Comments for We are the answer to
our own prayers

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Aug 22, 2015
Asking for what you want in prayer
by: Katherine T Owen

Beautiful prayer, Keith.
Thank you for giving me cause to read it.

It puts me in mind of two prayers that I say whenever I remember throughout the day… 3 prayers on reflection.

In the catholic church before the gospel we make a sign of the cross on our foreheads, lips and heart whilst saying
Christ be in my mind
and on my lips
and in my heart.

I say it each morning on waking.

(In NLP you learn that the power of information is enhanced the more senses are involved, and this 'kinesthetic' action of making a sign of the cross becomes powerful in itself in allowing one to access the sense of surrender.)

The other is a quote from A Course In Miracles.

"What would you have me do
Where would you have me go
What would you have me say... and to whom. "

Which of course is the same as the "Thy will be done" of the Our Father prayer.

There is another surrender quote from ACIM which I encountered recently which I know will really help me if I can remember to apply it!

"My function is to decide against deciding what I want in recognition that I do not know."

Wow! That's a radical step when we are fixed on a certain outcome being the right one and is in line with your intention not to ask for something specific.

Having said all that though, I do believe in asking for what we want in prayer.

My reason is this:
Sometimes when I catch my thoughts they are asking for what I DO NOT want, for example,
‘Here I am encountering this kind of relationship with someone again, finding myself upset by this kind of behaviour.’

If I examine my thoughts further I have an idea of the behaviour I would like.

Since I am already accidentally ‘asking’ for what I do not want, to ask in prayer for ‘what I do want’ seems to be a cancelling out of separation rather than an adding to it. At least what I ask for is more likely to be aligned with a peaceful outcome.

Also, there is much in the Bible to suggest that both surrender AND asking have their place. We are seeing what we see with our eyes, judging that as our reality, commenting on it, analysing it, despairing of it (or celebrating it) and thereby affirming that it IS reality.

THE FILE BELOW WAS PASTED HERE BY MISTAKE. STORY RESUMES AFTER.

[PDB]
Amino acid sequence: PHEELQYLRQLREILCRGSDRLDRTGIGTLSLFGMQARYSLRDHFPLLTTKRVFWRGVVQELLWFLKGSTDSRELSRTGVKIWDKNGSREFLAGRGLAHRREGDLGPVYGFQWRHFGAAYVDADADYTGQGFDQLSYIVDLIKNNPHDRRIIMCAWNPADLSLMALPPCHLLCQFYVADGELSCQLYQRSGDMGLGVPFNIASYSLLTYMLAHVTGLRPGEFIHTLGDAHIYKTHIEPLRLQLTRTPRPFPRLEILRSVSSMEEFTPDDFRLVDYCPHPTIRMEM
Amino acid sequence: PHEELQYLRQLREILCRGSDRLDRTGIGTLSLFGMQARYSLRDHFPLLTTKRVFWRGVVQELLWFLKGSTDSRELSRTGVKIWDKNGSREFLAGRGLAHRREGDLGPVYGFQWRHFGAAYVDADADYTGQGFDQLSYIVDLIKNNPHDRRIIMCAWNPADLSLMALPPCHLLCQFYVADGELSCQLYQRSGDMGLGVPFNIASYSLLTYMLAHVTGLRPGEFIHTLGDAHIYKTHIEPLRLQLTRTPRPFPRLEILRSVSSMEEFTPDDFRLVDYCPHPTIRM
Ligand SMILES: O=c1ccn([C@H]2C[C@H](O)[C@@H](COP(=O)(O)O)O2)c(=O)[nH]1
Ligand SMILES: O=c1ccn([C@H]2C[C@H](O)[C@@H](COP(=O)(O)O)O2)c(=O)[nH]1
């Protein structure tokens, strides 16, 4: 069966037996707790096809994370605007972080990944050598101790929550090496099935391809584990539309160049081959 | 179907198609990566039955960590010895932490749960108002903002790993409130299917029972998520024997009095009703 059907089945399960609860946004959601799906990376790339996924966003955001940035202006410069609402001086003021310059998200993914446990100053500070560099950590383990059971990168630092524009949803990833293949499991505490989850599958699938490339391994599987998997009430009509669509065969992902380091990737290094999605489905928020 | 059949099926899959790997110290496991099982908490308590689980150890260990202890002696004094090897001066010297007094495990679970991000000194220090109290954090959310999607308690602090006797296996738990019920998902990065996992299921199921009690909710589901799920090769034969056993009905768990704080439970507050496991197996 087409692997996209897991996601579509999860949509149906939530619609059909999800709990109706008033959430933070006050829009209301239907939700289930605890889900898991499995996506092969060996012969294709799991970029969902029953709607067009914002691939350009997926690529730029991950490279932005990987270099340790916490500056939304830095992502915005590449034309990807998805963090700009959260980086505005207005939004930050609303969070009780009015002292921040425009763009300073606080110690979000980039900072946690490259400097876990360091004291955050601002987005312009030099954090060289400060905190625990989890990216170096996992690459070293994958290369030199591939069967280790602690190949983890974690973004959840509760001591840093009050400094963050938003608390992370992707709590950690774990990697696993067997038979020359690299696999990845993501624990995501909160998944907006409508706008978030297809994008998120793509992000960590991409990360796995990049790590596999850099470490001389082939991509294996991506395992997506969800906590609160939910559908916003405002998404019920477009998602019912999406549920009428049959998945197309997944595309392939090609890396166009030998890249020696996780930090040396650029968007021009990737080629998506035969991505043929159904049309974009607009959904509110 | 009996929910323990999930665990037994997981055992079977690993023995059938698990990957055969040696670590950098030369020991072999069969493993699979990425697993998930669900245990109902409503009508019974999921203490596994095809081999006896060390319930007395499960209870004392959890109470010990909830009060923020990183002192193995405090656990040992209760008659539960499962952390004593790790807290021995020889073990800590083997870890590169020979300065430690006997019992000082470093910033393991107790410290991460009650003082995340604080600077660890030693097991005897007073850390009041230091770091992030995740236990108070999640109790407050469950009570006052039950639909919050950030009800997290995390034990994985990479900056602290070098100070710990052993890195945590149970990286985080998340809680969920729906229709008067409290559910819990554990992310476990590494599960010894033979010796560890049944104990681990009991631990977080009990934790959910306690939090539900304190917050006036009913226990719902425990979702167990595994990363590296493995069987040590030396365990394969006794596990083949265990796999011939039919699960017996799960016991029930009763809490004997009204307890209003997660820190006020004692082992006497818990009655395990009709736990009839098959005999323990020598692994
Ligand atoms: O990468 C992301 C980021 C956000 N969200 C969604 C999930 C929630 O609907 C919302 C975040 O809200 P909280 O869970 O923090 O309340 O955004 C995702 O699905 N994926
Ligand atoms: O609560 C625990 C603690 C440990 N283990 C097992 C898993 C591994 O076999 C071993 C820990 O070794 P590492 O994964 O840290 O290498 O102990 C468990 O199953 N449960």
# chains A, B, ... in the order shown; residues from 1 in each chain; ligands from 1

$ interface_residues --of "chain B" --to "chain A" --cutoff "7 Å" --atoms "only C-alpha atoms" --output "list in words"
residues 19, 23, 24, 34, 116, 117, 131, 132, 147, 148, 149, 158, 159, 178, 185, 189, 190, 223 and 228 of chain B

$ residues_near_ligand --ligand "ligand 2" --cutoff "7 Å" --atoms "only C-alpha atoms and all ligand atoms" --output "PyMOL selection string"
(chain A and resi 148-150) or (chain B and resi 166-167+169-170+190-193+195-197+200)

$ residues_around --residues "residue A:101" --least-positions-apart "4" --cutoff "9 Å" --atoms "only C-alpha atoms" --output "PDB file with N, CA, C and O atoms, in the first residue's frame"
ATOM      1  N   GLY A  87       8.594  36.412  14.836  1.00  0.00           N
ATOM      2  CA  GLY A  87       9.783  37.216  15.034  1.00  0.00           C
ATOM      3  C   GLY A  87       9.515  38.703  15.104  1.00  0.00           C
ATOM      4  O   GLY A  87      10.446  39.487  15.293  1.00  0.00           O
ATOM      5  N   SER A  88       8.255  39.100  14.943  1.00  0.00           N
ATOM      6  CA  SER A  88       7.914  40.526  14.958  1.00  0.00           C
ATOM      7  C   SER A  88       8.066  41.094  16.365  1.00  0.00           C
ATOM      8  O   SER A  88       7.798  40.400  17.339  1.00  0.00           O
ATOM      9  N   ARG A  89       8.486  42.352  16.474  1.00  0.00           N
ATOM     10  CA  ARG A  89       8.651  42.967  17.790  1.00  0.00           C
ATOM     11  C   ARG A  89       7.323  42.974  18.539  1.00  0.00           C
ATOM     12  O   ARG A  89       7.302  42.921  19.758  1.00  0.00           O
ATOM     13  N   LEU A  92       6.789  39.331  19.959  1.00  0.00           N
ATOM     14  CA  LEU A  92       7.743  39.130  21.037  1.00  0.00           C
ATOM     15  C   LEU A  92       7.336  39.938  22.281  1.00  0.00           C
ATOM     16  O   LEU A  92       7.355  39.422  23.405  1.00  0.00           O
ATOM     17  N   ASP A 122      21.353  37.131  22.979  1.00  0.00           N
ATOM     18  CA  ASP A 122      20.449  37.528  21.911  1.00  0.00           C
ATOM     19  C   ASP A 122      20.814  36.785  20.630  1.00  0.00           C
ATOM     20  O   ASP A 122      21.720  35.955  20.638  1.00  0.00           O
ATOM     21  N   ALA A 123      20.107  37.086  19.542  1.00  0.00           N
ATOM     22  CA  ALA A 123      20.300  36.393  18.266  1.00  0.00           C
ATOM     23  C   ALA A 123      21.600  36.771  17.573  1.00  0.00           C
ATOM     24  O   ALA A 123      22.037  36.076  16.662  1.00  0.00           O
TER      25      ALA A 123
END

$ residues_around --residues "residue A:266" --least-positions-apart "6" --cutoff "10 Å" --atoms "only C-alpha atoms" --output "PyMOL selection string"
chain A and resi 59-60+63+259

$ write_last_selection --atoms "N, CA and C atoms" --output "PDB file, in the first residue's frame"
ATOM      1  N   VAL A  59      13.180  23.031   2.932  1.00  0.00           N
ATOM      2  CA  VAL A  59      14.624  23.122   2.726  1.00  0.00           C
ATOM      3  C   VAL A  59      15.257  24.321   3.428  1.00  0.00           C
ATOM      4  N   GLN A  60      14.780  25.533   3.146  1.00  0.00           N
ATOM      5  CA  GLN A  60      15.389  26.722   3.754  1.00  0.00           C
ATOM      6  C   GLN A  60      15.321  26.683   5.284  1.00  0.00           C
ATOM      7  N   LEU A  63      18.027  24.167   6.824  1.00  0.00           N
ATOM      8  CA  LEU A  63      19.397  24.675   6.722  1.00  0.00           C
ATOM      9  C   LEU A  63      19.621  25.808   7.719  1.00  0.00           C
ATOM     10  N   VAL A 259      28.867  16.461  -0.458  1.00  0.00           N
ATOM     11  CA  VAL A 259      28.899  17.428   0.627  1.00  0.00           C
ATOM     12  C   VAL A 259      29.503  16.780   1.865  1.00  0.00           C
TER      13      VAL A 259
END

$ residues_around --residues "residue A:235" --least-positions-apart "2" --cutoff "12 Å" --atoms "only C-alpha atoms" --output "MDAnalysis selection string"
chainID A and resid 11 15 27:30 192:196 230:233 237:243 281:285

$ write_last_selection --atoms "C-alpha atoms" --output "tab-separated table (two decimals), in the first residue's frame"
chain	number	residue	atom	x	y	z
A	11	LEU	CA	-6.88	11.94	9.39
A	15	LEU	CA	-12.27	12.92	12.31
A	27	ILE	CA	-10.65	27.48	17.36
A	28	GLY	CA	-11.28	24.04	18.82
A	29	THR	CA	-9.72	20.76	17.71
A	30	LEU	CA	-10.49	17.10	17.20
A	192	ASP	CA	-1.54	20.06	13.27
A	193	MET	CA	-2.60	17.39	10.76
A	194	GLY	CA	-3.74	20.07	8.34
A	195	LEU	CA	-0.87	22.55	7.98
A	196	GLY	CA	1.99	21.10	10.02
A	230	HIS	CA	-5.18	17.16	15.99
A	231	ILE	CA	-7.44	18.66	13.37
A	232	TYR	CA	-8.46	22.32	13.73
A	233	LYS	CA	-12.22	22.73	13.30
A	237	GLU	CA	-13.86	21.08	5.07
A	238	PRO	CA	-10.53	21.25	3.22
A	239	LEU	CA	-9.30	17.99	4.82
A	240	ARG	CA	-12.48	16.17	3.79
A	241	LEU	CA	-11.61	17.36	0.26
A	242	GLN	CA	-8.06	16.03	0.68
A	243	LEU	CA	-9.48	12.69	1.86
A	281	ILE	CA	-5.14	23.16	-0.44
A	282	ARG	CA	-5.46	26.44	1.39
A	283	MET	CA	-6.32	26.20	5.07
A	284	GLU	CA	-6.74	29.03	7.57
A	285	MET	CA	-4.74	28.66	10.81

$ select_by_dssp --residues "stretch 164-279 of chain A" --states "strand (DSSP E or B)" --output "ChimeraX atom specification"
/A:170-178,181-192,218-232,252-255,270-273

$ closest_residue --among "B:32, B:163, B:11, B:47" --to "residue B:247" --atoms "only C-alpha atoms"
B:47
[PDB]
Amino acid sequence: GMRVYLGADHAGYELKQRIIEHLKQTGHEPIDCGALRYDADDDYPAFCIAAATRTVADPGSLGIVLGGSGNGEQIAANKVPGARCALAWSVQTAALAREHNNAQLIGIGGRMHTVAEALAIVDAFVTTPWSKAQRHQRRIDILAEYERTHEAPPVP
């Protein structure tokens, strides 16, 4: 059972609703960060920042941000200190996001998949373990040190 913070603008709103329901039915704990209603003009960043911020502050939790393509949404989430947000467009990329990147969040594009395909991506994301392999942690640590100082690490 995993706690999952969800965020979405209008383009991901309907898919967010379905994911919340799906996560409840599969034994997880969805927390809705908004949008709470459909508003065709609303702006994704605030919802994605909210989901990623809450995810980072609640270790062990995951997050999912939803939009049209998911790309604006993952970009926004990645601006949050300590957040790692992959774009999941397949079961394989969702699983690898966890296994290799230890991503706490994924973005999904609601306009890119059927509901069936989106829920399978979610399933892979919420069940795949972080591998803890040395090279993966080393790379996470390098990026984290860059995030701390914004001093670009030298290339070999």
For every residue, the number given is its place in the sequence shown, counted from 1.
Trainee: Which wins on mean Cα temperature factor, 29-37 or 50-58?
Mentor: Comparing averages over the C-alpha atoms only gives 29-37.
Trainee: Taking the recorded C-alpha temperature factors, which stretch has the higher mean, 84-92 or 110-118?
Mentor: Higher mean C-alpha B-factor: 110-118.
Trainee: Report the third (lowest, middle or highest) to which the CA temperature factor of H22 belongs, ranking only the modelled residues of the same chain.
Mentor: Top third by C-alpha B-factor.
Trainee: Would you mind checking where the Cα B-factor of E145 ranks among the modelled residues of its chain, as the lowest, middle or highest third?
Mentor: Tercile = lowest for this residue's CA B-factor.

To remember to ask, in spite of circumstances which suggest otherwise, for a reality not yet apparent can feel like an affirmation that the spiritual reality is the greater one and lead me to a real sense of peace and a return of my sense of humour!!!!

This return to peace is the treasure which tells me that ‘asking’ is something I personally need to do more of.

Thank you Keith as always for your words of wisdom :-)

With Love to all, Katherine

Aug 22, 2015
by: Keih

What an interesting discussion.

I used to meditate daily for up to a couple of hours but I soon realised, through being intentionally aware at the vibrational level of my being, that the states induced were the same as when I prayed.

I realised that even prayer was in fact a statement of separation! If I'm honest I used it to delude myself....just more righteously.

Nowadays I do still pray daily but my prayer is this:

Father live through me,
Breathe through me,
Be through me, in the only moment there is.
Be my eyes and everything I think I see.
My ears and everything I hear,
My nose and everything I smell,
My mouth and everything I taste,
My skin and everything I touch.
Father, be my heart and everything I Love,
My voice and everything I say, and in every moment be my mind and everything I think.

Amalgamation with God produces effects reflected in this idea of Life. To ask for God's help with what are ultimately illusory situations and desires only solidifies their reality in ones experience.

Life isn't meant to be divided into periods, some of which might be dedicated to prayer. Life should be a living prayer in every moment, a statement of truth, an experiential celebration of unity prior to being.

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